Reagan health-care budget: fragile balance of interests
President Reagan holds a fragile crystal in his hands in trying to limit US health care spending to a tenth of the federal budget. Deep social and political, as well as economic, tensions are reflected in the health cost issue.
Critics of the Reagan cuts in the health care budget are busy pointing out pockets of poor Americans whom they say will be hit hardest.
Cities and states worry they will have to pick up at least some health costs. Meanwhile, a new report by the Tax Foundation, Inc., shows that tax increases totaling $3 billion annualy already are pending in state legislatures this year.
There is wide agreement that health costs are a major inflation engine: The nation's outlays for medical care grew from 4.5 percent of the gross national product in 1955 to 9 percent in 1979, led by hospital costs that leapt at double the consumer price index rate.
The Reagan budget omits expansionary projects like national health insurance -- just as President Carter in his January budget dismissed it as not feasible for now.
Medicare spending for older Americans --the most costly program -- is nearly untouched by the cuts of the new administraton. The Reagan budget limits the medicaid program for the poor to a 5 percent rise next year and then to the rate of inflation thereafter. And it lumps together a host of other programs -- from rat control and alcoholism grants to veneral disease and family planning services -- into two blocks grants to the stateS, cutting outlays overall by 25 percent, and letting states decide to some degree how to allocate the surviving 75 percent of funding.
In outlays, the Reagan budget would trim $1.2 billion from Carter's fiscal 1982 budget, and $5.1 billion by fiscal 1984. Even so, 1982 health spending would climb from $73.4 billion next year to $90.3 billion in 1984 -- increasing health outlays from 10.5 percent in the overall budget to 11.7 percent in the three years.
Also, the Congressional Budget Office expects medicare and medicaid outlays will rise $1.6 billion higher than the Reagan estimates by 1984, as inflation raises food, fuel, and other health industry costs.
Omitting medicare from curbs to keep Mr. Reagan's pledge not to deprive "the truly needy" works against the long-range effort to contain federal health costs , says Robert Hartman, Brookings Institution economists.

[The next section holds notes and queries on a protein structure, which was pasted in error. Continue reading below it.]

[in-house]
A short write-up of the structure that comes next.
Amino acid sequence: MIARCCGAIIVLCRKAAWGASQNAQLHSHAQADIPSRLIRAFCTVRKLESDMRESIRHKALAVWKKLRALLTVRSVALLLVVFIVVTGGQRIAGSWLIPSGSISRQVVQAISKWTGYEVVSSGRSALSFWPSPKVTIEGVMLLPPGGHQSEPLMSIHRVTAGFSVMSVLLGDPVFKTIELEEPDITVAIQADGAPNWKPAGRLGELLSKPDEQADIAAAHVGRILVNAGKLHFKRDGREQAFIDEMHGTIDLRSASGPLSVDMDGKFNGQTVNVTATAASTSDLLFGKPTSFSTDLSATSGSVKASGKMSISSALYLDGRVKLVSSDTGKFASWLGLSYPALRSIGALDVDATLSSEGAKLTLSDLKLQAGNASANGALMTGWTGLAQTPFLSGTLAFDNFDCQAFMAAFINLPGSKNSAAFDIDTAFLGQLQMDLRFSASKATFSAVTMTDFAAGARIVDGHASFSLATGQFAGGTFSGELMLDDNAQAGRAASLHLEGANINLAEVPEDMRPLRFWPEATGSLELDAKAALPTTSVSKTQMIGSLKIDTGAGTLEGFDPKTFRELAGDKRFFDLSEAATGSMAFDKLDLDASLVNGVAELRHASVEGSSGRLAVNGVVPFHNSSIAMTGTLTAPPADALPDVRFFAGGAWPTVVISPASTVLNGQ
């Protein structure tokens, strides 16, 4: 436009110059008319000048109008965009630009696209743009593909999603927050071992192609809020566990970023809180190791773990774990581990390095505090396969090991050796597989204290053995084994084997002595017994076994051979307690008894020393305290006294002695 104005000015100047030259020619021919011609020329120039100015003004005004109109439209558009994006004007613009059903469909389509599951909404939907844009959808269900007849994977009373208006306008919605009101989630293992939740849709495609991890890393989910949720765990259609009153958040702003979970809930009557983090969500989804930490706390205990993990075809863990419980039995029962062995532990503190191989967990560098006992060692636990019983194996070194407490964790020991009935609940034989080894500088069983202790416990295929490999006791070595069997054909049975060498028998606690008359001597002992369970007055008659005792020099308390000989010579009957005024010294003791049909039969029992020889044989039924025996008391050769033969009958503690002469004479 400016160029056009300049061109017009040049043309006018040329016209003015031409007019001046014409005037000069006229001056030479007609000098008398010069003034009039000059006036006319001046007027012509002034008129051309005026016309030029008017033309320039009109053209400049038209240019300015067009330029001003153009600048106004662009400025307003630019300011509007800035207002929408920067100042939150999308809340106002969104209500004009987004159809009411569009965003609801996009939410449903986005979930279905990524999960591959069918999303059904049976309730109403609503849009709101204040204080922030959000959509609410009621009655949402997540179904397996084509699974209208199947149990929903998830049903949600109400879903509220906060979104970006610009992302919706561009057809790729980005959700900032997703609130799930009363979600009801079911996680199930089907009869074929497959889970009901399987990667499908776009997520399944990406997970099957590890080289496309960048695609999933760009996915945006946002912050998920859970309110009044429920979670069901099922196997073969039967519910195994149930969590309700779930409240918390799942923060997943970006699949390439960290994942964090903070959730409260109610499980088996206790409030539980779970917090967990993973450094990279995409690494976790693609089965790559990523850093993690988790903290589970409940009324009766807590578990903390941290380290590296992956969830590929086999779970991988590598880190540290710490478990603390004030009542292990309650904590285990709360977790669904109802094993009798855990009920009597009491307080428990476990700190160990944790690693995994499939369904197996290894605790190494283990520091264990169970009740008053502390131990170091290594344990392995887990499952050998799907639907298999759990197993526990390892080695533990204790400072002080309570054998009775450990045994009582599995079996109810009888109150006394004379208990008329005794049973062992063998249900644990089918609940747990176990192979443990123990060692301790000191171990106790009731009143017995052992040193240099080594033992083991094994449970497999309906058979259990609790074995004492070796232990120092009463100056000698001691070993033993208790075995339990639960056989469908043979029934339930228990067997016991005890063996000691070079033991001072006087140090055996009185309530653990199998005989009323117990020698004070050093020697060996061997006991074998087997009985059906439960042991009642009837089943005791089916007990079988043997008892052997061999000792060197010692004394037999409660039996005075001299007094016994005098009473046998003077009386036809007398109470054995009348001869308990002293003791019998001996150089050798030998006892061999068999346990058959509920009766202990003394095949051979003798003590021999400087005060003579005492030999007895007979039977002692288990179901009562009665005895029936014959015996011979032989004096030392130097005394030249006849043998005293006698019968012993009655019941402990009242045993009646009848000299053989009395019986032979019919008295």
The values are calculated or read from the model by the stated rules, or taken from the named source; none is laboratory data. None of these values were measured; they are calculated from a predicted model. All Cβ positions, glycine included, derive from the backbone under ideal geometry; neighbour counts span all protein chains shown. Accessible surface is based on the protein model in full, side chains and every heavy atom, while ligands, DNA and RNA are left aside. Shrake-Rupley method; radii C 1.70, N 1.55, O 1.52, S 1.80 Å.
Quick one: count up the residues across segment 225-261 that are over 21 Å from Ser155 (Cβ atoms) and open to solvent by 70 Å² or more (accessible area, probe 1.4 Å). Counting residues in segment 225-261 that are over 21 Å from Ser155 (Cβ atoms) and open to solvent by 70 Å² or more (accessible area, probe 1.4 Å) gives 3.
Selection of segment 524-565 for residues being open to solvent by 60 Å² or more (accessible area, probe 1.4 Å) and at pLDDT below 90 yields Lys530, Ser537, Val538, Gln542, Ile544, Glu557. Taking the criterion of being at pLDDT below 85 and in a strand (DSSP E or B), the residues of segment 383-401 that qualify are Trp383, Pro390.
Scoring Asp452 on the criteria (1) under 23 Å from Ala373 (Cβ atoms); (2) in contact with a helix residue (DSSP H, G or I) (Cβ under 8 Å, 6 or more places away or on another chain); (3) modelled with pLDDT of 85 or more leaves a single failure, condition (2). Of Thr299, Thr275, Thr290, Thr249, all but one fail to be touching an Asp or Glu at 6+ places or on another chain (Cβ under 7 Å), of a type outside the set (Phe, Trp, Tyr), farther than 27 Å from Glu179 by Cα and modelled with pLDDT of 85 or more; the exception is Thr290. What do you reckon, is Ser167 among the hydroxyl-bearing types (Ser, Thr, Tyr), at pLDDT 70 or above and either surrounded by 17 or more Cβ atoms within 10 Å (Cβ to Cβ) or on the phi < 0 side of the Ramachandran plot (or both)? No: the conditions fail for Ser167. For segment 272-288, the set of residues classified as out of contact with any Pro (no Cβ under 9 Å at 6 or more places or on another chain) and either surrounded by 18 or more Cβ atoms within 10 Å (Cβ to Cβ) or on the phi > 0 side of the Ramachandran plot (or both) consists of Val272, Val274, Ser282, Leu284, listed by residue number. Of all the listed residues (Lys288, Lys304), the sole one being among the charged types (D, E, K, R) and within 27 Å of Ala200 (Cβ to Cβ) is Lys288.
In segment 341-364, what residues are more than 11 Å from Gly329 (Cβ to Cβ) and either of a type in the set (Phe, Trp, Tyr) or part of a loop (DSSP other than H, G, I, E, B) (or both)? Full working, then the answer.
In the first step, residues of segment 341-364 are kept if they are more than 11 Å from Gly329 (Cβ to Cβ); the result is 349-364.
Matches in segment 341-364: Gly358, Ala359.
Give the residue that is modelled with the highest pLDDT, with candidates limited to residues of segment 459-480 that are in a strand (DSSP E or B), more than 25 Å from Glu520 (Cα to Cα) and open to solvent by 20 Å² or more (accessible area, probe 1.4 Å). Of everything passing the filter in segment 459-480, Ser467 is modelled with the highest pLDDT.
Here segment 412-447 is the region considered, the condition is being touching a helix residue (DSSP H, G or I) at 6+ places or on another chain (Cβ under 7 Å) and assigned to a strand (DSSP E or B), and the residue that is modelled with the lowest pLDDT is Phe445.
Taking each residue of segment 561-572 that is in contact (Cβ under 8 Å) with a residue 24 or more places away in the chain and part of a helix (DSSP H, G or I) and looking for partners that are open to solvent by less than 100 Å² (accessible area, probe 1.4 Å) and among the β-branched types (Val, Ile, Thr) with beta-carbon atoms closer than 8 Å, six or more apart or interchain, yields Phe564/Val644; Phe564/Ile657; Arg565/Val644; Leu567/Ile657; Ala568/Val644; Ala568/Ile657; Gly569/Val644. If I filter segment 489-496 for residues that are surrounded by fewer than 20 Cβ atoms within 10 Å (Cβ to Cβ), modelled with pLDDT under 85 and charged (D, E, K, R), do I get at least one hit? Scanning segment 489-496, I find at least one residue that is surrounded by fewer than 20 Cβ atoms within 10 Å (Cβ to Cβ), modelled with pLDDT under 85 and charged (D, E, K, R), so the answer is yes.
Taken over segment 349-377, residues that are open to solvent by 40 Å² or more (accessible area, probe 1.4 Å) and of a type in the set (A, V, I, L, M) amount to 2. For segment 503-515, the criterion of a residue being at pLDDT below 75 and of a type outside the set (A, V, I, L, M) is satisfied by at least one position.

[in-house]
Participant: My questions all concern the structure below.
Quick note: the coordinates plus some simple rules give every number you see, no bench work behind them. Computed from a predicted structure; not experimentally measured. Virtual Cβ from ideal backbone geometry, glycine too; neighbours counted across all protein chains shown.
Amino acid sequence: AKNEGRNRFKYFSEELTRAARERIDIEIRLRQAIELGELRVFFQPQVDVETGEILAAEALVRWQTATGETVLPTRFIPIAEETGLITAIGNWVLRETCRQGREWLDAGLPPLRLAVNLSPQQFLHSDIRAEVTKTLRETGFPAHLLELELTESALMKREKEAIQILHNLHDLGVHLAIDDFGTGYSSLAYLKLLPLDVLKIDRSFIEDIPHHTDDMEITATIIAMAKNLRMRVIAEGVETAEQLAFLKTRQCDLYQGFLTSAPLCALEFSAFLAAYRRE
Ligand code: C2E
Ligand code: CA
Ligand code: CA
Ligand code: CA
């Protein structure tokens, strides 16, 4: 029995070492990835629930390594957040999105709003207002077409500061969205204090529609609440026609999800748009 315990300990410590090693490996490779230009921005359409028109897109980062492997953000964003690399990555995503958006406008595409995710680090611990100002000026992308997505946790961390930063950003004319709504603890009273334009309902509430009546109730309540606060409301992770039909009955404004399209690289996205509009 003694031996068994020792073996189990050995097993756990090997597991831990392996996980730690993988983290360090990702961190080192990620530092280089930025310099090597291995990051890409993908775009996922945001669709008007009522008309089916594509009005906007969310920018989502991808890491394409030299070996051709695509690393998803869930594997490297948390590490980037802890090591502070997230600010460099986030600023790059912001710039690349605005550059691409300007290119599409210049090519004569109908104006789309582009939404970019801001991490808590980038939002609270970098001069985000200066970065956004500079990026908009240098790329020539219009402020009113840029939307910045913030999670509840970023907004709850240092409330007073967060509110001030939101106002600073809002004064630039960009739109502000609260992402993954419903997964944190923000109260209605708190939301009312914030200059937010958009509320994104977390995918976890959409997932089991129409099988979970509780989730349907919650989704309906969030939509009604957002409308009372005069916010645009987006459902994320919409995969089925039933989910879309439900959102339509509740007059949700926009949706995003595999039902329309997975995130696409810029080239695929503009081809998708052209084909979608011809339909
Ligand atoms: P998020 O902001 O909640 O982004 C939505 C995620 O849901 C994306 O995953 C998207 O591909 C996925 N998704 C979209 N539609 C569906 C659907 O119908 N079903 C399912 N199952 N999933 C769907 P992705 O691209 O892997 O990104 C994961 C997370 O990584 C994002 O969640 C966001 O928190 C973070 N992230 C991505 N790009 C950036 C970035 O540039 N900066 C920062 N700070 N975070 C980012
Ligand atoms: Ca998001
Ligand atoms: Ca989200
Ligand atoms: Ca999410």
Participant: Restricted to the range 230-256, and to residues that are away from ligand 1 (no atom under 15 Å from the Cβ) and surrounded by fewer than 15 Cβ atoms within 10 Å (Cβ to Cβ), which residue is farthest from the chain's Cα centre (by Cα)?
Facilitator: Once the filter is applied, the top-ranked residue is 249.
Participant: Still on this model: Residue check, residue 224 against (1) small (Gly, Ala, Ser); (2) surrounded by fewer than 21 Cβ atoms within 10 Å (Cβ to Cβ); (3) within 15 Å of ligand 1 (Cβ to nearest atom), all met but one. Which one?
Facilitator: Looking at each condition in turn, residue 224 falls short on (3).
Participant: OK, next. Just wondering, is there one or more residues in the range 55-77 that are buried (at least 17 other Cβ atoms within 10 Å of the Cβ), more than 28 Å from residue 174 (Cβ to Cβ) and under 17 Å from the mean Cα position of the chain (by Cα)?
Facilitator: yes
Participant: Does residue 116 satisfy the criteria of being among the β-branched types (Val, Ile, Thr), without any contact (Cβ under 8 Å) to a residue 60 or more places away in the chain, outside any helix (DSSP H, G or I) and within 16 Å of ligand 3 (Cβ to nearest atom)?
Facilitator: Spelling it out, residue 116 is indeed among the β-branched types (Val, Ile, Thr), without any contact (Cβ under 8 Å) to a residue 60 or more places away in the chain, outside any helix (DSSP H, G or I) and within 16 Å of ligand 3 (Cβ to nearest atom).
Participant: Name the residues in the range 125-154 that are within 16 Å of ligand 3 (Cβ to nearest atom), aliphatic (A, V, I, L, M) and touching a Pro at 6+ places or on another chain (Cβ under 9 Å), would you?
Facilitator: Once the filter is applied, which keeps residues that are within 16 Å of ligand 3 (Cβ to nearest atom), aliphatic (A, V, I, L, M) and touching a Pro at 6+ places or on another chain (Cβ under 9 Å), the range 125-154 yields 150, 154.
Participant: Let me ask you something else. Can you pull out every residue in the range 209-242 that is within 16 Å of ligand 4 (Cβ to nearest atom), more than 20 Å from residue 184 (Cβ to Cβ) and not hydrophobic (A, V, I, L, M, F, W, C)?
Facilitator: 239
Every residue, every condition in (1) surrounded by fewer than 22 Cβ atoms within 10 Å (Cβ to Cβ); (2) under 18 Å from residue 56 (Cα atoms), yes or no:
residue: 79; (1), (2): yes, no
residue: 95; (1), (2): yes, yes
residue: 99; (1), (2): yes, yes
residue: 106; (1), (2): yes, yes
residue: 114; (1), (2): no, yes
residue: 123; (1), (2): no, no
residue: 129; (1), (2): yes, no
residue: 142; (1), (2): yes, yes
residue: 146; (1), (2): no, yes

"Medicare is as important as medicaid if you want to stop spiraling costs and excess utilization of health resources," Mr. Hartman says. "In the long run, the only way to curb government medical care costs is to require patients to pay a share. Cost-sharing has to be part of the system now. And medicare would be more amenable to cost-sharing than medicaid, which is a program for the poor."
The 25 percent cut in miscellaneous health programs and melding of them into two block grants "means the needy will be pitted against the needy," says Burt Seidman, director of social care programs for the AFLCIO.
The impact of nonhealth Reagan cuts could lead to further limits on health spending for the poor, Mr. Seidman says, as medicaid eligibility is often linked to enrollment in the food stamp and AFDC (Aid to Families with Dependent Children) programs.
Family planning agencies -- which this year got some $166 million in federal funds to help run about 3,000 centers in the country --complain they already were running short of money before the Reagan cuts. "Because of increasing costs, over 200,000 needy women and teen-agers will have to be turned away, even if there is no reduction in the budget in 1982," says Mimi Barker of the Planned Parenthood Federation of America.
"It makes little sense, when the country is so torn up about abortions, to cut a program that does so much to prevent them," Miss Barker says. The worry of health-related groups like the family planning agencies is that they will lose their national leverage under the block grant approach.
State and city spokesmen contend the greater flexibility they get in deciding how to spend the block grant funds may not be enough to make absorbing the 25 percent cut worth their while. They worry the cuts may come, but without lifting stat e obligations to pay for services.